Habaneros come in various colors, but orange Habaneros are the most common. They are one of the hottest peppers readily available to everyone.
Habaneros have thin walls, and beyond their spiciness, they are pretty sweet, citrusy, and aromatic.
Habaneros are popularly used in the Mexican Yucatan Peninsula for hot sauce preparation. The same application is also common in the Caribbean. Besides hot sauces, Habaneros can be used in making salsas and salads.
Habaneros have a SHU of around 100,000 to 350,000.
Jalapenos are one of the most widely known peppers in the world. They are native to Mexico, and they are named after Jalapa (Xalapa), the capital of Veracruz, a Mexican state.
Jalapenos are also called Chipotle. They are usually picked when green. However, they may ripen to become orange or red.
Jalapenos are hot but nowhere near as hot as Ghost peppers. You can add them to soups, chilis, salads, guacamoles, and much more. Jalapenos may also be used in stuffing, or they may be eaten as a fried snack.
Jalapeno peppers have a SHU of 2,500 to 8,000.
9. Mini Sweet Pepper
Mini sweet peppers are sometimes called mini bell peppers. They look a lot like bell peppers, so the alternate name is expected. In fact, both types of peppers have almost the same taste. However, relative to bell peppers, mini sweet peppers have fewer seeds and are smaller-sized and tastier.
You can use mini sweet peppers in about every way you can use bell peppers: from spicing meals up to adding them to salads and salsas. You can roast mini sweet peppers and sauté them like you would with bell peppers. You may also make them into scoops for dips.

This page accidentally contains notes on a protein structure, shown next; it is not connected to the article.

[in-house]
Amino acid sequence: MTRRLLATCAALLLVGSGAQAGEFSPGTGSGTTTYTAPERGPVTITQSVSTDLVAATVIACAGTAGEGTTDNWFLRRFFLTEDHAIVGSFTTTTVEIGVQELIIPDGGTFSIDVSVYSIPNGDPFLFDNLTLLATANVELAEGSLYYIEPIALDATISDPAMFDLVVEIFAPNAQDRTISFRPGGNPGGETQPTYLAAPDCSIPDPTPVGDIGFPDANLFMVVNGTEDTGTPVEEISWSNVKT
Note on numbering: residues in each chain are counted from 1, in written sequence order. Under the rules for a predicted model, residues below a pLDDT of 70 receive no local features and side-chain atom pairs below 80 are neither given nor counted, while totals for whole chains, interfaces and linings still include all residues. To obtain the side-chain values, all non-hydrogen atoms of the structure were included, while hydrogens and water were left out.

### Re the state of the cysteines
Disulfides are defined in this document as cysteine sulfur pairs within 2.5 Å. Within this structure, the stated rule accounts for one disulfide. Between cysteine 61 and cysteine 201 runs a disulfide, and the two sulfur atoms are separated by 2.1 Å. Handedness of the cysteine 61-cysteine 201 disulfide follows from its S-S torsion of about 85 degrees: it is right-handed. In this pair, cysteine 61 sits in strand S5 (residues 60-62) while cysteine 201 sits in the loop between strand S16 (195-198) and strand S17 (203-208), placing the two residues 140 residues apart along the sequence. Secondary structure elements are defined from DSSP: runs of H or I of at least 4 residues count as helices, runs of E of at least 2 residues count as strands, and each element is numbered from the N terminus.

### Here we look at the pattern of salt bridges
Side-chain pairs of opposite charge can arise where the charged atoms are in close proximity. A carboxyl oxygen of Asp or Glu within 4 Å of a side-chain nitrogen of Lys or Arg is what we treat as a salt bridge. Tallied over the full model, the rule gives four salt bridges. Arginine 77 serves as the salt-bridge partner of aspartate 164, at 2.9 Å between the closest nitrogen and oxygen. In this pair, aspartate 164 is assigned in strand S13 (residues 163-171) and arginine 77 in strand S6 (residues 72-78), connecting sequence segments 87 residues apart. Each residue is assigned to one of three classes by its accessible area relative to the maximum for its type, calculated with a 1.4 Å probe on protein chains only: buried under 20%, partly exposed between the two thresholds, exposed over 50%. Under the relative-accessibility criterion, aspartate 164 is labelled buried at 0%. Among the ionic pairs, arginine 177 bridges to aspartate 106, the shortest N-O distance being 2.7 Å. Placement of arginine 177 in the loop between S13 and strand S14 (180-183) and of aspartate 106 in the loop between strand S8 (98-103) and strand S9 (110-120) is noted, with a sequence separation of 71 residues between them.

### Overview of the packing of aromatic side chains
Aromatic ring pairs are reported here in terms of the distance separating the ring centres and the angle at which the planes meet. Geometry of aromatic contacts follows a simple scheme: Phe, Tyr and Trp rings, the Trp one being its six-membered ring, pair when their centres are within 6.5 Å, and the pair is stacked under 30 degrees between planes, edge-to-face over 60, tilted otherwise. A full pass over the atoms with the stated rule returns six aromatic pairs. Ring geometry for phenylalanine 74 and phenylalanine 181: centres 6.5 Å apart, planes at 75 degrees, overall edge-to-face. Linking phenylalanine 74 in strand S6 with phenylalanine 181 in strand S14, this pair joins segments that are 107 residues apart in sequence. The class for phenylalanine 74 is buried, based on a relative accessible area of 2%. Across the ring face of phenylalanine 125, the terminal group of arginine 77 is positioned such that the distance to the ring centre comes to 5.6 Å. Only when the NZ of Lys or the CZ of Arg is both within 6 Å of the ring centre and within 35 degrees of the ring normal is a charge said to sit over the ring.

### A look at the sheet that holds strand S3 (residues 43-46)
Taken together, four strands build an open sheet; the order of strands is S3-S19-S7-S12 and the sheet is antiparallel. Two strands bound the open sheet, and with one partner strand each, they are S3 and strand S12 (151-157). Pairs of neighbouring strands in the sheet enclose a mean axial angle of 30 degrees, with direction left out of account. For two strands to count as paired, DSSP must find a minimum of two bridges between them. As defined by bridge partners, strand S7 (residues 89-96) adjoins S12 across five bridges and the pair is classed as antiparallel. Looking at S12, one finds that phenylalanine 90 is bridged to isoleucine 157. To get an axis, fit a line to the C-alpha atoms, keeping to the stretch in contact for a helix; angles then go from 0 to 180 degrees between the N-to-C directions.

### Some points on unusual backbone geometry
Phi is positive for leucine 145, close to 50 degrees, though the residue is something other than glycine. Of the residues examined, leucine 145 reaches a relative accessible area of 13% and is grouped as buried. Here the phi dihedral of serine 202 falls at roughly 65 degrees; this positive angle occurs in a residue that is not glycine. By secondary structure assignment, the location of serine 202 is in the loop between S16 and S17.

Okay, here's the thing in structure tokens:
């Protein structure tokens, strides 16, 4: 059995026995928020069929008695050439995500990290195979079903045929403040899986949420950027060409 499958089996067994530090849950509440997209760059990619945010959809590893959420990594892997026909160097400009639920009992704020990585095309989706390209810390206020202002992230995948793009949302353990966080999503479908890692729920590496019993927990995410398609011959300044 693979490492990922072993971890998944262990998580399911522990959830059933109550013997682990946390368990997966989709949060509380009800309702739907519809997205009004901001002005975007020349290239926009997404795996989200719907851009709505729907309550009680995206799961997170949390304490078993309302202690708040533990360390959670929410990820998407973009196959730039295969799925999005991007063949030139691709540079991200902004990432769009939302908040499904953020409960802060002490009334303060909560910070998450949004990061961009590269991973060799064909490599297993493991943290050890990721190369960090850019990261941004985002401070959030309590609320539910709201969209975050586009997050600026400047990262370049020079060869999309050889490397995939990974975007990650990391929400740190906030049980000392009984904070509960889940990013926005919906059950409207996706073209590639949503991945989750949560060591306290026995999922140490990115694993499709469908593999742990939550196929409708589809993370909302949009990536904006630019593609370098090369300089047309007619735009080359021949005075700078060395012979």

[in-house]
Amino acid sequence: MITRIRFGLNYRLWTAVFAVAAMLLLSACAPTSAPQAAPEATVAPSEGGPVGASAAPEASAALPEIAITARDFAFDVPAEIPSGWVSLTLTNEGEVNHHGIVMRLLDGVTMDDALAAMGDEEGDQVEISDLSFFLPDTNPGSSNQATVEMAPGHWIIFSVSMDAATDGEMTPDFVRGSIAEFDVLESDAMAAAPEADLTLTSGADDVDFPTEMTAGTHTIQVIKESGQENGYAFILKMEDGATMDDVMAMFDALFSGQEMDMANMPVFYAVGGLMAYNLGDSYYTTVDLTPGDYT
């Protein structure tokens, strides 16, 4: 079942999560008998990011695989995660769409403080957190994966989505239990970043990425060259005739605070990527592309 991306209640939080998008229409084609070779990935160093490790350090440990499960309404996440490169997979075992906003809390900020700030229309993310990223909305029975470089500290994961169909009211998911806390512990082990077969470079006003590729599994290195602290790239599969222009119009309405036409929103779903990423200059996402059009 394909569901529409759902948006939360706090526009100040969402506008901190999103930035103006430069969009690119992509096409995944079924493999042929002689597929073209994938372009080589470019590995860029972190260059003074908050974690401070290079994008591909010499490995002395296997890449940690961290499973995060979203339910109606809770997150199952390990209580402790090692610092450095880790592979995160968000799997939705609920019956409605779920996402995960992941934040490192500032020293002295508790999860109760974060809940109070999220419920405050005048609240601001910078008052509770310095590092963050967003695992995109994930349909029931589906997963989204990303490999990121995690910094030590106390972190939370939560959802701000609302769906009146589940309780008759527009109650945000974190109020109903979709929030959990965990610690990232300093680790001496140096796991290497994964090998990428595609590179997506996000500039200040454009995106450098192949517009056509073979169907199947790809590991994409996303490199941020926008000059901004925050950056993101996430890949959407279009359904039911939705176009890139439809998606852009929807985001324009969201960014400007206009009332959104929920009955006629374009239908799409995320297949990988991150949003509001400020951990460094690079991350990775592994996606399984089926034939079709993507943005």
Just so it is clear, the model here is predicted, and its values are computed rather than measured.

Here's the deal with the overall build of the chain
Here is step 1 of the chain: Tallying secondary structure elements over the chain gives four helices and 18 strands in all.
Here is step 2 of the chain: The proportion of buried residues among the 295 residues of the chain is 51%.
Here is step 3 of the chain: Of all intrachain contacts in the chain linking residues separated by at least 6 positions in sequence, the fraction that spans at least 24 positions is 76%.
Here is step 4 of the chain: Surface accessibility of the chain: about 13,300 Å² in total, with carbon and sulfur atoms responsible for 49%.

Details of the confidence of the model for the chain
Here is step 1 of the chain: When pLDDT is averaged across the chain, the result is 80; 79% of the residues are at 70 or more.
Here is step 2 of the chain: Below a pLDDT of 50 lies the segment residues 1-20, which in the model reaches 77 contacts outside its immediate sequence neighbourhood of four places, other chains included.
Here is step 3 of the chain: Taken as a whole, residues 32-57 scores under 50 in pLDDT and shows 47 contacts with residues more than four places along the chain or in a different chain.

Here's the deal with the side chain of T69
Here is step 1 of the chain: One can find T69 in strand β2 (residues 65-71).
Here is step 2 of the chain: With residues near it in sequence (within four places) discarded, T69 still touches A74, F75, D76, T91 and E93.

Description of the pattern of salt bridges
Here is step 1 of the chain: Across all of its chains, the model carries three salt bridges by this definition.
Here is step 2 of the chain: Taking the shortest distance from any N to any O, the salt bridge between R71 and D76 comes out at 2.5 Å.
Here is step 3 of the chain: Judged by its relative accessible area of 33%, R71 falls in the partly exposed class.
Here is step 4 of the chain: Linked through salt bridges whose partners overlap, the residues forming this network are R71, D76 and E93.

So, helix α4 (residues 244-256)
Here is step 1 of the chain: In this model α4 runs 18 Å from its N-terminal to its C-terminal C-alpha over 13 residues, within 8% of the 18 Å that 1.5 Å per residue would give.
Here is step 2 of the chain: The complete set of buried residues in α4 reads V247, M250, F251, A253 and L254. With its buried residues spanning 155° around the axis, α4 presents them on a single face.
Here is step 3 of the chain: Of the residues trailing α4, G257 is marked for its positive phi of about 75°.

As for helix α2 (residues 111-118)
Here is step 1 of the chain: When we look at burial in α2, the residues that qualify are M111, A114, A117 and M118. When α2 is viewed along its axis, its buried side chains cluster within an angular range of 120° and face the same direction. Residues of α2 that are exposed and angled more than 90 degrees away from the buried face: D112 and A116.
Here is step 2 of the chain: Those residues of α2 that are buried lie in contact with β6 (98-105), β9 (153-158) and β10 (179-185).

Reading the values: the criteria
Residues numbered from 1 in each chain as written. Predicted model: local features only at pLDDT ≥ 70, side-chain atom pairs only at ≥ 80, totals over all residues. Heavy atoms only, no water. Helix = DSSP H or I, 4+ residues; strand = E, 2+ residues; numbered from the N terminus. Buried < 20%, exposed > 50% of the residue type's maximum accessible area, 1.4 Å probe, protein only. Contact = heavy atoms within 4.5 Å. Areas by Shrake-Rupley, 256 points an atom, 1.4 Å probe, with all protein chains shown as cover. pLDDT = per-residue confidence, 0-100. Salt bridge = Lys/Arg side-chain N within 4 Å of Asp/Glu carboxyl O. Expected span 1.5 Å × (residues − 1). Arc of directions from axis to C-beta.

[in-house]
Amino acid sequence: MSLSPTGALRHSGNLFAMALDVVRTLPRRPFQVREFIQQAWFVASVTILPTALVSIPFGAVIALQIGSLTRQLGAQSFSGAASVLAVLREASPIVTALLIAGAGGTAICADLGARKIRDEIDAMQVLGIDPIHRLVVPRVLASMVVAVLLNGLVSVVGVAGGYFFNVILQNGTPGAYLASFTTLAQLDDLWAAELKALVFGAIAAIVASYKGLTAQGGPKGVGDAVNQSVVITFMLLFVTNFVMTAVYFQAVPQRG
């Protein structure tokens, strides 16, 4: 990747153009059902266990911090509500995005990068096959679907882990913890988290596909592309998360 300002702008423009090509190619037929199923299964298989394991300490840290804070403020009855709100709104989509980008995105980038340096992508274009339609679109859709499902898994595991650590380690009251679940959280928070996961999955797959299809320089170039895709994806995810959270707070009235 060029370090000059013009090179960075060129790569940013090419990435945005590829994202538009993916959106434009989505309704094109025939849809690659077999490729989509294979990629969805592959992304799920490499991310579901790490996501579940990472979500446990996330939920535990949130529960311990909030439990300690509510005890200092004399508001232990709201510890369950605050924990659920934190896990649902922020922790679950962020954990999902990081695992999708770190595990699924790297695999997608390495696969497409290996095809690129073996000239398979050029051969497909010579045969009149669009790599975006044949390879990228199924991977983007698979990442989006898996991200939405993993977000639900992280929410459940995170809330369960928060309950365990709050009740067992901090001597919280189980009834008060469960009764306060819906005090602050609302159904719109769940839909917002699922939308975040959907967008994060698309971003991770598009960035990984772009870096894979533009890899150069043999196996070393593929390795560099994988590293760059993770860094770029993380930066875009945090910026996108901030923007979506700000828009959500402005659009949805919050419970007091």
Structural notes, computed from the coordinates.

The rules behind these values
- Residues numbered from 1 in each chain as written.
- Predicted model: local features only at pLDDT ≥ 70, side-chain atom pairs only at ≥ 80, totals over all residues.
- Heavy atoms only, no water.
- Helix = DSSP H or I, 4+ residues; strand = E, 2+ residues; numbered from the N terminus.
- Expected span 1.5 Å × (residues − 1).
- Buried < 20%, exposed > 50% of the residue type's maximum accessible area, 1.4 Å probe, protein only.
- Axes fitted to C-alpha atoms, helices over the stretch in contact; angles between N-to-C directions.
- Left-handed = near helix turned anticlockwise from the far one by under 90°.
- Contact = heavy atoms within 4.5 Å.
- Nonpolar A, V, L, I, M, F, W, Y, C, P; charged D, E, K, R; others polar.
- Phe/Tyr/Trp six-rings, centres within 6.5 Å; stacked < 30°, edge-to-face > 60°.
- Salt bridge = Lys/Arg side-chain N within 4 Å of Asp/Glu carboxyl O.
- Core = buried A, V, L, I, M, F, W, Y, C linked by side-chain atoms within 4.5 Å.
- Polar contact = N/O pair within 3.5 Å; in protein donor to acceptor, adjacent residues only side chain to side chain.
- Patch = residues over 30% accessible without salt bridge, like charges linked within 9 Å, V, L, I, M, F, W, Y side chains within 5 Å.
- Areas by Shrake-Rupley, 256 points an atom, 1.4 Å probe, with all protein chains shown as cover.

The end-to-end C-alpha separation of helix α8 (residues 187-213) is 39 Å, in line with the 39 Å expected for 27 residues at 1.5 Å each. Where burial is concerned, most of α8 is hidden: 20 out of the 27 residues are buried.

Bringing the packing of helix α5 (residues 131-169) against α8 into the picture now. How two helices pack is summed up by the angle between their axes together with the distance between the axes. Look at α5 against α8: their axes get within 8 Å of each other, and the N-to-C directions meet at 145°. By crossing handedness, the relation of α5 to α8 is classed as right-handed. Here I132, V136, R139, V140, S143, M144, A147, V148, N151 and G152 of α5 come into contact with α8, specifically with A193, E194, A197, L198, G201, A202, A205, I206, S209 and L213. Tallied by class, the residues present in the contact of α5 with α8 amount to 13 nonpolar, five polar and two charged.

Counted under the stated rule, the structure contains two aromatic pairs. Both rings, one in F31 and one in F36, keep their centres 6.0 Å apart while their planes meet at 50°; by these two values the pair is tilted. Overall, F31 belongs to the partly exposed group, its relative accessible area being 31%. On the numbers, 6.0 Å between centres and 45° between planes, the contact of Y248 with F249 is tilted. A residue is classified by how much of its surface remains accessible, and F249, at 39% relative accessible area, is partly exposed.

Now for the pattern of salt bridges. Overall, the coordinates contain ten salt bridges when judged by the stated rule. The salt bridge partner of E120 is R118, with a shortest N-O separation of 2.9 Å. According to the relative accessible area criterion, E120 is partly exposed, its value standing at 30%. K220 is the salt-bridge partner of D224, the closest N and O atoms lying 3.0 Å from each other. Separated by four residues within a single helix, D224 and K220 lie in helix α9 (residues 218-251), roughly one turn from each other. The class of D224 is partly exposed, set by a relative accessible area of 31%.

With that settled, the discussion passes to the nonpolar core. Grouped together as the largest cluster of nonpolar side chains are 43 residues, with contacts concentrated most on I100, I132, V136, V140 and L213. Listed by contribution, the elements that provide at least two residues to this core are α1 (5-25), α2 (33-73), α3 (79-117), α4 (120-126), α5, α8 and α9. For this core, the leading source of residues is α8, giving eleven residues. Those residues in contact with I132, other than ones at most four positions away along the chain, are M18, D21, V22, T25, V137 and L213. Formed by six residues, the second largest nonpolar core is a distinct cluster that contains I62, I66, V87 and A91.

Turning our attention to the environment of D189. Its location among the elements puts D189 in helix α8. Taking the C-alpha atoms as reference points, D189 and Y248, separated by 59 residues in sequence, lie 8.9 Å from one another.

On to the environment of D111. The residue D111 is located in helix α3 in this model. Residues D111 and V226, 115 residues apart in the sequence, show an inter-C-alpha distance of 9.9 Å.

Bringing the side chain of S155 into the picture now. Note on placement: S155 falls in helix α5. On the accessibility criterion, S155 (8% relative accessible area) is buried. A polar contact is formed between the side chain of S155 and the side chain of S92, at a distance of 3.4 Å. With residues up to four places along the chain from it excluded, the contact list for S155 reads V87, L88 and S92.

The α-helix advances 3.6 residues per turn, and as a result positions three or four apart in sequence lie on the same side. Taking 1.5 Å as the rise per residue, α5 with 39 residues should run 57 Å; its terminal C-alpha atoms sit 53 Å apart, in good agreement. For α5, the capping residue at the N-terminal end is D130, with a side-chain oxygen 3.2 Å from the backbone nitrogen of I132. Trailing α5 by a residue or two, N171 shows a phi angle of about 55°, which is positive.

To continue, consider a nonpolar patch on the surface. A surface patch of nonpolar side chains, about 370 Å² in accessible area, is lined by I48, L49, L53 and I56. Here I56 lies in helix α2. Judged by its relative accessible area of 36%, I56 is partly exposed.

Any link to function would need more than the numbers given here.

Mini sweet peppers have a SHU of 0.
10. Rocoto Pepper
Like mini sweet peppers, Rocoto peppers look like bell peppers. But while mini sweet peppers and bell peppers have no heat, Rocoto peppers are pretty hot.
Rocoto Peppers have sweet, crisp skin, a fruity flavor, and are as spicy as Habaneros. They are available in different colors, such as orange, yellow, and red. Rocoto pepper seeds are black, and their flesh is plentiful.
Rocoto peppers are primarily used in preparing salsas. But they may also be used in preparing soups, stews, and hot sauces.
Rocoto peppers have a SHU of around 30,000 to 100,000.
11. Scotch Bonnet
Named after Tammie (a type of Scottish hat), Scotch Bonnets are sweet, spicy peppers. They are about as hot as Habaneros, but they offer more sweetness.
Scotch Bonnets also go by Bonney pepper and Caribbean Red pepper. They are available in green, red, orange, and yellow.
Scotch Bonnets are great for use in Caribbean dishes. They are also needed to prepare jerk seasoning, and overall, you can use them to add some kick to your meals.
Scotch Bonnets have a SHU of 80,000 to 350,000.
12. Serrano Pepper
Serrano peppers are widely used in Mexican dishes, and this is understandable since they are native to Mexico. They are widely available as unripe green fruits. But they can turn red, orange, or yellow when ripe.
Serrano peppers hold more heat than Jalapenos. But this does not stop their use in various dishes.
Serrano peppers can be processed by drying, pickling, or roasting them. They are used in making chiles and guacamoles. They are also used in preparing salsa—their thick skin makes them ideal for this purpose.
Serrano peppers have a SHU of 10,000 to 23,000.
13. Tabasco Pepper
If you have had Tabasco hot sauce, you have an idea of what Tabasco peppers are. Tabasco peppers grow all over the world, so you can readily get them. While they typically turn red when ripe, they may also be orange.
Tabasco peppers are unique for their juiciness; unlike other chili peppers, they are not dry inside.
Tabasco peppers are pretty hot. But when used to make Tabasco hot sauce, they are mixed with vinegar and salt. So, their heat is subdued significantly.
While Tabasco peppers have a SHU of 30,000 to 60,000, the hot sauce has a SHU of 2,500 to 5,000.